In an initial indication of easing in the interest rate scenario, larger banks have started cutting rates on short-term fixed deposits (FDs) of up to 3 years driven by better systemic liquidity conditions and softer short-term money market rates.

Most lenders are expecting the Reserve Bank of India to pause on rates in its upcoming bi-monthly monetary policy this week after the CPI inflation print for April came below the central bank’s upper threshold of 6 per cent.

As a result, expectation that interest rates could remain at the current levels for some time, has assuaged some of the pressure on deposit mobilisation being slower than credit growth.

With credit growth also expected to normalise over the course of the current financial year, lenders are more confident of supporting credit growth from the current pace of deposit mobilisation and adequate system liquidity, thus reducing the need for future deposit rate hikes.

Deposit rates

Some smaller private banks and small finance banks continue to hike or offer elevated FD rates due to their smaller deposit base.

However, larger banks such as Axis Bank, Union Bank and Punjab National Bank, with much better capital adequacy, have cut rates on FDs of specific tenures mid-May onwards. ICICI Bank has cut rates on higher denomination FDs of over ₹2 crore whereas Punjab National Bank cut rates as part of its June revision.

5-20 bps cut

Depending on the tenure, the rate cuts are in the range of 5-20 bps for FDs of up to 3 years. As such, over the past year, one to three-year deposit tenure has been favoured by lenders given that bulk of the credit growth has so far been fuelled by personal or retail loans and working capital demand.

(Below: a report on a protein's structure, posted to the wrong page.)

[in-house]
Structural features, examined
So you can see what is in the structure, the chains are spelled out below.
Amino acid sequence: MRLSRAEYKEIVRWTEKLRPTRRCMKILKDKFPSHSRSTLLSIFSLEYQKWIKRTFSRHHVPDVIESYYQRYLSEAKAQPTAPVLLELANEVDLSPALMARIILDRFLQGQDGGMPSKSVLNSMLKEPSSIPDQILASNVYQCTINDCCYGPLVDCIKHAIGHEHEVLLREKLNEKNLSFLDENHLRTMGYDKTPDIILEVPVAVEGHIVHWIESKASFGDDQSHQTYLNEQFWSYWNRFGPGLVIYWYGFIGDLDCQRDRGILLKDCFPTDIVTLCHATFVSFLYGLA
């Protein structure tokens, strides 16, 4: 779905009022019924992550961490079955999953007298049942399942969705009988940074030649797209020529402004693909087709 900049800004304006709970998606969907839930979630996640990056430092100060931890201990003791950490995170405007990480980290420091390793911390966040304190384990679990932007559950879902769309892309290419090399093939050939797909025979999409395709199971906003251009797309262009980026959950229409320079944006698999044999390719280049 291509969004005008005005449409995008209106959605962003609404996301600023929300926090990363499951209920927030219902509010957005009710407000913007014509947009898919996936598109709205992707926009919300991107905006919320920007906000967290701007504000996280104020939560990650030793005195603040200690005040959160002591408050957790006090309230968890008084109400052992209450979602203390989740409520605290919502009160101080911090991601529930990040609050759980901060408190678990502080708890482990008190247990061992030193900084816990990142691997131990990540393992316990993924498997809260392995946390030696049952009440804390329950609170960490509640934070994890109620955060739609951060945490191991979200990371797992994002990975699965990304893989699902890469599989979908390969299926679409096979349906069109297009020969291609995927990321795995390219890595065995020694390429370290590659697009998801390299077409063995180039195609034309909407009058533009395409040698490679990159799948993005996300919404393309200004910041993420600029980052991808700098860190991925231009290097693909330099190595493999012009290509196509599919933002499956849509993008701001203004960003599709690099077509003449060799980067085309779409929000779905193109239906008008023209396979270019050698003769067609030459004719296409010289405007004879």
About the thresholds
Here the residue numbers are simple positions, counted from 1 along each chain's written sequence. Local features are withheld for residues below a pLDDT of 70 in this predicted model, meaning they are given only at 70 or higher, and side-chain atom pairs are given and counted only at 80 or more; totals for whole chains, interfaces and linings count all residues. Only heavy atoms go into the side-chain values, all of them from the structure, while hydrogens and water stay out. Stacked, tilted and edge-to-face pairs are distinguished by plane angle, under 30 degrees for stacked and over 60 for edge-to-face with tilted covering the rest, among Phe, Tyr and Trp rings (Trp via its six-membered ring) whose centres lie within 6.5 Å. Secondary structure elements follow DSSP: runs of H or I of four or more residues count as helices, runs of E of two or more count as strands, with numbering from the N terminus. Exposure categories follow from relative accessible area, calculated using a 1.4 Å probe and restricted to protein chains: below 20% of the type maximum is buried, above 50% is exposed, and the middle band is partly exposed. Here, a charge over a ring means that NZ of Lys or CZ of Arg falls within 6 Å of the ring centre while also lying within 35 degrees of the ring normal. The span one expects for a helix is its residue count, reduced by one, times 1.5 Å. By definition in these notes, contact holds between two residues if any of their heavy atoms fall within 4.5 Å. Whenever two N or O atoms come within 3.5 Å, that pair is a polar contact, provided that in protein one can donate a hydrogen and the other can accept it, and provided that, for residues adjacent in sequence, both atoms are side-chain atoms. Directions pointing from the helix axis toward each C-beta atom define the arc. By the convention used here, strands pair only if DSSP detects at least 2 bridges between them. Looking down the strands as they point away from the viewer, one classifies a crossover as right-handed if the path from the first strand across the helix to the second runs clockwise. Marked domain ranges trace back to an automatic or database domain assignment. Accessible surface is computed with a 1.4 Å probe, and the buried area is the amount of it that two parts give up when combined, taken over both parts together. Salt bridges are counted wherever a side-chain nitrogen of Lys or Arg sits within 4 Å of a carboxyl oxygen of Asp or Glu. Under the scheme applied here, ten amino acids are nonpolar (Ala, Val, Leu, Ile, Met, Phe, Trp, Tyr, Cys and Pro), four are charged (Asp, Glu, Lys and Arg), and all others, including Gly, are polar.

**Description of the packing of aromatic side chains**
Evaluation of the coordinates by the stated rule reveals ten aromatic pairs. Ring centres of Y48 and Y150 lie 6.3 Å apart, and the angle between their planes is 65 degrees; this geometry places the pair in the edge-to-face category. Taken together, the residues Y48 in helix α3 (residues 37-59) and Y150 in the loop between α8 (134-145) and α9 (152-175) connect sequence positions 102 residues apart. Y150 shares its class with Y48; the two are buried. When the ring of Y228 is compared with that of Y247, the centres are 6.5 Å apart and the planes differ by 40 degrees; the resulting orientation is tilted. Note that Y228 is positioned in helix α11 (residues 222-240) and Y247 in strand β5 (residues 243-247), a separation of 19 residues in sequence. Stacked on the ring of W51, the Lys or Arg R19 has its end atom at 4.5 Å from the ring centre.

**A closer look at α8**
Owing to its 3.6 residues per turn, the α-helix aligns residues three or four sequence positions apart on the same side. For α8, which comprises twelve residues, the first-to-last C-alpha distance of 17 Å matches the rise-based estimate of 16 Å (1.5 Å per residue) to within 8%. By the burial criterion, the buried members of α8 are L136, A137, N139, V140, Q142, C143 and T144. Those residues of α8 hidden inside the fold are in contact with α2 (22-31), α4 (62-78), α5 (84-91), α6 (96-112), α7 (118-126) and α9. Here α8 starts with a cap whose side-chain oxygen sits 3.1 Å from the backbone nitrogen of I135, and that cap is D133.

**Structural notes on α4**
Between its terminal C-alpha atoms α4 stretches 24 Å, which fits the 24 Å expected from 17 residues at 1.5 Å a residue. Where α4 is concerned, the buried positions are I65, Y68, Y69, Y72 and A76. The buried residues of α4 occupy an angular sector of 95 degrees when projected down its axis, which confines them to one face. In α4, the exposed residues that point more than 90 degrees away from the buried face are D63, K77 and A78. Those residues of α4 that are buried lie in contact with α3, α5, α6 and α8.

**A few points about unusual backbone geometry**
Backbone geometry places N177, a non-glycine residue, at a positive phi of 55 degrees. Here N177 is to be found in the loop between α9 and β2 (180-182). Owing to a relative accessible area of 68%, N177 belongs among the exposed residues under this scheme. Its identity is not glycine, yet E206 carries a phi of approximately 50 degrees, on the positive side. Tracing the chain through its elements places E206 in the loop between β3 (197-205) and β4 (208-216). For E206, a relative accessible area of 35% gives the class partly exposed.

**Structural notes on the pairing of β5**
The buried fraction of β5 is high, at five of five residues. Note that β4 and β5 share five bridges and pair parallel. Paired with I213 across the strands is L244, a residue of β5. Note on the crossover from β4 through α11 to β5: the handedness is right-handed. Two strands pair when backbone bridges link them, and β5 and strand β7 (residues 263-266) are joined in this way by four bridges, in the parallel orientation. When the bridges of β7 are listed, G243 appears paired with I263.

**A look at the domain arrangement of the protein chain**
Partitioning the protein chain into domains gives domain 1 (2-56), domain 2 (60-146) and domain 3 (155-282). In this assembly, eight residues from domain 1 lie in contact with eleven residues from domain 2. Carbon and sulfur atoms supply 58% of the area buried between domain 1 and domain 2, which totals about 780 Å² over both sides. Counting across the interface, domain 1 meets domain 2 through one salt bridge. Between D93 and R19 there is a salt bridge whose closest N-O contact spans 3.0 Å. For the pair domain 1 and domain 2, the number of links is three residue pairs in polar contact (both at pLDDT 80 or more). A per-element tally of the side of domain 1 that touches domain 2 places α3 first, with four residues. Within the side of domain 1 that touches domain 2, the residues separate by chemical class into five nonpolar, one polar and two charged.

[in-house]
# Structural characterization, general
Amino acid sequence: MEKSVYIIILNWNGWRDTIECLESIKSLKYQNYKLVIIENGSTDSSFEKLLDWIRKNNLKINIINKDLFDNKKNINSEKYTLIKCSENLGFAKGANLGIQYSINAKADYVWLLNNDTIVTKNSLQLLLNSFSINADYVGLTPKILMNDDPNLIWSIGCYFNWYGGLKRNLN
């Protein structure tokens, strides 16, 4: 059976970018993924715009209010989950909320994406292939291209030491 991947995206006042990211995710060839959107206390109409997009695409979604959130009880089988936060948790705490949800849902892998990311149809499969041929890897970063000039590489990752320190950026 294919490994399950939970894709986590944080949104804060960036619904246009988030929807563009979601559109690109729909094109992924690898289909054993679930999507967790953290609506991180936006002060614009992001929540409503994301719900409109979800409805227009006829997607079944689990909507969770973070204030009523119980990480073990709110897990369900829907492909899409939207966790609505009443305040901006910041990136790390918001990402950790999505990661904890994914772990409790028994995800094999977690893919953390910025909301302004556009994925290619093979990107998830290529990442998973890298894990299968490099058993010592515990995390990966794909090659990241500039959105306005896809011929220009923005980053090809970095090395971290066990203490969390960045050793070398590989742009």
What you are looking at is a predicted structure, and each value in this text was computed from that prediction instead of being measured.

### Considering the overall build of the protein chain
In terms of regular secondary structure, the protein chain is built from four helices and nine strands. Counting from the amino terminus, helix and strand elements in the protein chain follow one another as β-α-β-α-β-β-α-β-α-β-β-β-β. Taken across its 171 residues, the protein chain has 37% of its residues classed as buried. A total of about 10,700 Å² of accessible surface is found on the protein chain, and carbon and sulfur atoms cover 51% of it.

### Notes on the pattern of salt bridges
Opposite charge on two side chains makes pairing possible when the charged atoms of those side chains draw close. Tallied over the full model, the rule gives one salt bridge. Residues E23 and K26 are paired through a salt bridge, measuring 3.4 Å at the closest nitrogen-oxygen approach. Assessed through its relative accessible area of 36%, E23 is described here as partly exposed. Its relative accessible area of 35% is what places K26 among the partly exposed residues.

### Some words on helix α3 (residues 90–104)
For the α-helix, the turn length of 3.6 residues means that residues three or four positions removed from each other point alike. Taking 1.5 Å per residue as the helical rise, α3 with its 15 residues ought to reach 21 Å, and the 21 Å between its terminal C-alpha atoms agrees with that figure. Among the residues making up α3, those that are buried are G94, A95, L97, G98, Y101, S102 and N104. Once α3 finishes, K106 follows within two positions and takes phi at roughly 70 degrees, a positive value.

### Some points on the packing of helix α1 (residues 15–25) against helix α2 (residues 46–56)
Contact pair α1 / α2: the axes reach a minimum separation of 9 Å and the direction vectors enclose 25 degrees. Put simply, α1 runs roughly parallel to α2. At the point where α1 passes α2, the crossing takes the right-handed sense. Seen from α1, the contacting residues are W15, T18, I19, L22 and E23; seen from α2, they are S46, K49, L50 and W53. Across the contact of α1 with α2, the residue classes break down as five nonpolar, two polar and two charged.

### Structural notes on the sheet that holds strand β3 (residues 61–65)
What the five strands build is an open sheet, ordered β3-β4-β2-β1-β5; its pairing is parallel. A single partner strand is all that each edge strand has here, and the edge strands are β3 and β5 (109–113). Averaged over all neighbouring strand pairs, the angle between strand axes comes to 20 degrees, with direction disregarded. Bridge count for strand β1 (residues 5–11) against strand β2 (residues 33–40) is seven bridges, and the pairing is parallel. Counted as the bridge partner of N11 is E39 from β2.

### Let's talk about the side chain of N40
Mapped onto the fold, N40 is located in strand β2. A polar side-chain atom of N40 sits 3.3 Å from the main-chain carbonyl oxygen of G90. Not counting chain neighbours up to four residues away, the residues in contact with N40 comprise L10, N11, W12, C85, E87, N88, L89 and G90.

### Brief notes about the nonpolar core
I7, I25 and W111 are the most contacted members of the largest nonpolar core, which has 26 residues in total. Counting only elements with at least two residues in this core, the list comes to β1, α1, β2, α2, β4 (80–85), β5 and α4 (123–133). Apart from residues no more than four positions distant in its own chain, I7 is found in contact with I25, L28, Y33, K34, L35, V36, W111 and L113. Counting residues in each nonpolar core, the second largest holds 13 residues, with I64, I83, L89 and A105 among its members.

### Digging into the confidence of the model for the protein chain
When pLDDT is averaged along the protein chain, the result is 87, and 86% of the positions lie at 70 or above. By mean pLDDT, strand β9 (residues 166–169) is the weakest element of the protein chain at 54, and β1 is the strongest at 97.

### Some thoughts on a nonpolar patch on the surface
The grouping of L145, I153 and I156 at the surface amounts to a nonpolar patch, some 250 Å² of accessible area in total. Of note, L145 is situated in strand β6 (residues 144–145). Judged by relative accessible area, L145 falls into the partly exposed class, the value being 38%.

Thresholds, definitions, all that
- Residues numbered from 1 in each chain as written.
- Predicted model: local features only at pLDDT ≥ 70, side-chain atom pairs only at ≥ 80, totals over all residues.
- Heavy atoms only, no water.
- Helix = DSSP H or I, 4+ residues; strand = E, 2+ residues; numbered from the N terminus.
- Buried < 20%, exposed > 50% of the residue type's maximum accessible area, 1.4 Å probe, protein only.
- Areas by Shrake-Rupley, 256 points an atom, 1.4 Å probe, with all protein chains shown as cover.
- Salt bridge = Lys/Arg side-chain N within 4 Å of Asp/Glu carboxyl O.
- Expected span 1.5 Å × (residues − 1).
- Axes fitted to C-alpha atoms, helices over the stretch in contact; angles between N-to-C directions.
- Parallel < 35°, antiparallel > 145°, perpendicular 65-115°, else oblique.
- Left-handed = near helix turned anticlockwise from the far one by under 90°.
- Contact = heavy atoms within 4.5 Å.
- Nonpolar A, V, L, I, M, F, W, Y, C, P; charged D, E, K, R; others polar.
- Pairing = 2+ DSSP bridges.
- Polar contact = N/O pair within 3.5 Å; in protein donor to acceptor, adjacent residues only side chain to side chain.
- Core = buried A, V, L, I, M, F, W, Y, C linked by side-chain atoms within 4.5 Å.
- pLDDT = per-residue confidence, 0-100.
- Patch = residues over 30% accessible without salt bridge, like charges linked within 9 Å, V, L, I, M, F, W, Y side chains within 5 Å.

Market participants expect a 20-30 bps decline in short-term money market rates, including those on CDs (certificates of deposits), leading to more cuts in short to medium term deposit rates as more lenders follow suit.

System liquidity

While system liquidity had turned deficit towards the end of FY23, it returned to surplus in April on the back of government spending and central bank’s currency interventions.

The weighted average domestic term deposit rate on fresh rupee term deposits of fell 12 bps to 6.36 per cent in April from 6.48 per cent in March 2023. Fresh deposit rates for PSU banks were lower by 14 bps, and for private banks by 5 bps on month, as per latest RBI data.

Liquidity has been further supported by the withdrawal of ₹2,000 denomination banknotes from circulation, as announced on May 19. Banking system liquidity is currently estimated to be in a surplus of ₹2.4-lakh crore.

“The overnight call money rate has remained in the range of 6.45-6.55 per cent since May 19. This is closer to the prevailing repo rate of 6.50 per cent and indicates that the liquidity challenge of banks is subsiding,” CareEdge said in a note.